Reluctant advertiser has reached the top of her profession
Laurel Cutler, a philosophy student at Wellesley College, briefly attempted to launch out as a novelist in the 1940s. As she later put it, Mrs. Cutler was determined never to “prostitute my art for money.”
However, when the need to earn a living arose, she turned to advertising and discovered a talent for writing advertising copy. Later, she flourished in designing advertising campaigns, introducing new products and forecasting consumer trends as a “futurist”.
Searching an Italian-English dictionary, she spotted “prego” and declared it the perfect name for a pasta sauce created by Campbell Soup Co. The president of Chrysler Corp. Lee Iacocca was so impressed with her branding ideas that he appointed her Vice President for Consumers. business at the automaker in 1988, although she did not have a driver’s license. That job at Chrysler briefly made her almost as important as her older brother, Lloyd Cutler, a lawyer who advised the Democratic and Republican administrations.
From the late 1970s, she predicted that bland, mid-priced, mass-market brands were doomed to fail. People would no longer be exclusively high-end, mid-range or low-end in their buying decisions, she said in an interview with the magazine Inc.: “The same people would buy from Neiman-Marcus in the morning and Kmart. afternoon, depending on whether they care about the category or not.
His advice to product developers was succinct: “Enchant a few, attract the most”.
Ms Cutler, who died Nov. 28 at the age of 94, was quoted frequently in the Wall Street Journal, in part because she could be relied on for a strong, concise opinion. In 1990, she told the Journal that auto advertising aimed only at women was “condescending and condescending.”
A car tire maker once showed her a pink tire designed to appeal to women. She informed the customer that women want the safety and reliability of their tires, not bright colors.
Ms. Cutler believed in her hunches and observations and didn’t care about those who relied too much on data to predict trends. “There is no data on the future,” she said.
Laurel Eve Cutler was born on December 8, 1926 in New York City. His father, Aaron Smith Cutler, was a litigator and partner of Fiorello La Guardia (who served as mayor in the 1930s and 1940s). Her mother, Dorothy Glaser Cutler, had a math degree from Hunter College. It was, Ms. Cutler later wrote, a “high performing family.”
As a child, Laurel was a radio performer, singing at children’s times and taking a quiz. At 15, she enrolled at Wellesley, where she was later voted “second most spiritual” in her class. His teachers included Vladimir Nabokov.
Ms. Cutler has written an unreleased novel and, after graduation, briefly worked as a reporter for the Washington Post. “There were no jobs for the philosophy majors,” she found, “and very few for the English majors.” So she took a job at the J. Walter Thompson advertising agency, which put her in charge of writing press materials for radio and television shows.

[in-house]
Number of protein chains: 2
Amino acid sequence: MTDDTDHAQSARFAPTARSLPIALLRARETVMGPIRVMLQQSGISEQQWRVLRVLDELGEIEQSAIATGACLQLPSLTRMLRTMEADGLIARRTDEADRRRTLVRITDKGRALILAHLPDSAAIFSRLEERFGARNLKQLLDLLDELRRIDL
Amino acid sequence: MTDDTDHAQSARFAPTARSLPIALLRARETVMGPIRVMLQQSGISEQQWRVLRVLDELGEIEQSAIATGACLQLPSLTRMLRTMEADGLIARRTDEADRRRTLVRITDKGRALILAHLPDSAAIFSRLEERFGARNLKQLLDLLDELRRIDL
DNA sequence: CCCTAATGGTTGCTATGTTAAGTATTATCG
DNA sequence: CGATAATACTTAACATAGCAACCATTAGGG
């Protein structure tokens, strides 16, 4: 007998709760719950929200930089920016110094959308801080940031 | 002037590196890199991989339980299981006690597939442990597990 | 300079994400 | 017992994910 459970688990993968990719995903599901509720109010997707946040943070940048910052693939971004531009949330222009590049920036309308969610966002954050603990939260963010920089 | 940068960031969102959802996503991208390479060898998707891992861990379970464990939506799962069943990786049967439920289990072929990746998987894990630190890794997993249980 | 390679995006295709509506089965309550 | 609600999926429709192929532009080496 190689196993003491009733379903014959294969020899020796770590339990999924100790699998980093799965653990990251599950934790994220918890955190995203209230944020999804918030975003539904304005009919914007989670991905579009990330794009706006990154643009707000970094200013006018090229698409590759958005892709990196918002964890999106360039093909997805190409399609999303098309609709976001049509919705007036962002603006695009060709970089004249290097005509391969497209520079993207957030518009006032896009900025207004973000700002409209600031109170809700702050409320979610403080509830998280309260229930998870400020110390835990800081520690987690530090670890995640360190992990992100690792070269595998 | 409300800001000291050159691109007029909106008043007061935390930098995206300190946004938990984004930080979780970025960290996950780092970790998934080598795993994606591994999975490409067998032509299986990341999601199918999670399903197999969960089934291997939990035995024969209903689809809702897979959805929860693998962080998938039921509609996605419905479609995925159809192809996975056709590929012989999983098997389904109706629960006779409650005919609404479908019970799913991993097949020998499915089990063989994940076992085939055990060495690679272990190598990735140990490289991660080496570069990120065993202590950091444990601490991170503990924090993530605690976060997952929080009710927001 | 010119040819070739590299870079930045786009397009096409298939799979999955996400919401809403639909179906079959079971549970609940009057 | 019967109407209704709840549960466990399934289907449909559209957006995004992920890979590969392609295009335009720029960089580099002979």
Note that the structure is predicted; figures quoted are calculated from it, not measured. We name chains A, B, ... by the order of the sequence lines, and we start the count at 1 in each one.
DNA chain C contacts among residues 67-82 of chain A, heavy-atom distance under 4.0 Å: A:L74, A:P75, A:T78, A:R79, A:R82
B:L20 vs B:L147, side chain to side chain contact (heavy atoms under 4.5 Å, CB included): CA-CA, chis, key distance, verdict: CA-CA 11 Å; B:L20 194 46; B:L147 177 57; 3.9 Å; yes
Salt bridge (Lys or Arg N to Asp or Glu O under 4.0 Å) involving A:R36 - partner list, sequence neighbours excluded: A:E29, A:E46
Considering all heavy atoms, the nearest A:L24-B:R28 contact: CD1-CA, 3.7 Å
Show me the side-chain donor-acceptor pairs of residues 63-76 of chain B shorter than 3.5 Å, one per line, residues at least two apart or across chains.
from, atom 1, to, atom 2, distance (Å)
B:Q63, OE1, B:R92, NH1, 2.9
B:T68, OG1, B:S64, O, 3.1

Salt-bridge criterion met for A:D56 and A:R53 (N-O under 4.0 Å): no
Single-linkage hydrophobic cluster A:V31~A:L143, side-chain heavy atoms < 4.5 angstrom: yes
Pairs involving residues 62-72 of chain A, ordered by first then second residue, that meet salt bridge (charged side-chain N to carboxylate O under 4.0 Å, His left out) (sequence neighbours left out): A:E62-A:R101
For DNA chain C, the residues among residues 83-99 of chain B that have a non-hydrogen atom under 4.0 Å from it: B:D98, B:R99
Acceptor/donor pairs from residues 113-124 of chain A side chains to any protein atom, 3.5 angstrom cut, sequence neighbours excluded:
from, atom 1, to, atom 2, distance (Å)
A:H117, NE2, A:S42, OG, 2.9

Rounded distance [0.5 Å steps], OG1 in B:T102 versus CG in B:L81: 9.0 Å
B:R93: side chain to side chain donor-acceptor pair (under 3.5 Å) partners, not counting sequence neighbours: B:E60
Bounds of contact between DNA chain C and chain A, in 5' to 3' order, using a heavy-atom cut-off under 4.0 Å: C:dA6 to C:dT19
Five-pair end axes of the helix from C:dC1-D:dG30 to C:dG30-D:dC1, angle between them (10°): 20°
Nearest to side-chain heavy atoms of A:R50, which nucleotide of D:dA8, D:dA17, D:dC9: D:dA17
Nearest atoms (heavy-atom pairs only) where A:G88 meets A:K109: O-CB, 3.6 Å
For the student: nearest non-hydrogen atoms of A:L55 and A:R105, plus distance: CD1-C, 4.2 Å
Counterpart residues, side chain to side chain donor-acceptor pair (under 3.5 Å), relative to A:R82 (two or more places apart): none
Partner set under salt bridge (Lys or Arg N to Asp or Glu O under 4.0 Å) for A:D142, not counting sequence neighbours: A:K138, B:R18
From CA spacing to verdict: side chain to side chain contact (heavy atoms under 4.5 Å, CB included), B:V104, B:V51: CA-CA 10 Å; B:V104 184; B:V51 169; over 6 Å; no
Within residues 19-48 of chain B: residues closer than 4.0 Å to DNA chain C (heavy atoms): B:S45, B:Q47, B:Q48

When a personnel manager asked Ms. Cutler what her life’s ambition was, she replied, “I want to be a good wife and a good mother.” Despite this, the director encouraged her to enter a competition for aspiring publicity copywriters. “Because I didn’t stress it too much,” she wrote, “I won the copy contest.”
This put her on the right path to increasing her creative responsibilities in advertising agencies. She worked at McCann-Erickson before being recruited by a smaller rival, Leber Katz Partners, where she became vice president and became known for her forecasting work.
Foote, Cone & Belding Communications Inc. acquired Leber Katz in 1986. She remained employed by Foote Cone’s Leber Katz unit while working for Chrysler from late 1988 to 1990, commuting between the Detroit offices and from New York.
She advised Chrysler to focus on customer satisfaction rather than car dealerships. Lunches in executive dining rooms could be taxing: “They were all car guys,” she wrote, “and I absolutely wasn’t. “
On several occasions, she served on the board of directors of True North Communications Inc., the parent company of Foote Cone; Fallon McElligott advertising agency; Quaker State Corp., an engine oil manufacturer; and Hannaford Bros. Co., a grocery chain.
Her marriage to Stanley Bernstein, a lawyer, ended in divorce. She then married Theodore Israel, who died in 2015.
Her three children have followed the high level tradition. Amy Bernstein is editor-in-chief of Harvard Business Review. Seth P. Bernstein is Managing Director of AllianceBernstein, a fund manager. Jonathan Bernstein owns Body Back Co., a supplier of massage tools. Ms. Cutler is also survived by six grandchildren and a great granddaughter.
In an interview with Inc. in 1987, she gave this advice to brand managers: “We need to help our customers find something to hold onto, something to root in. One hundred percent quality, real service, unique design, style – these are the values of the product that deliver the human values that never change: love, pride, joy, family, esteem self.
Write to James R. Hagerty at [email protected]
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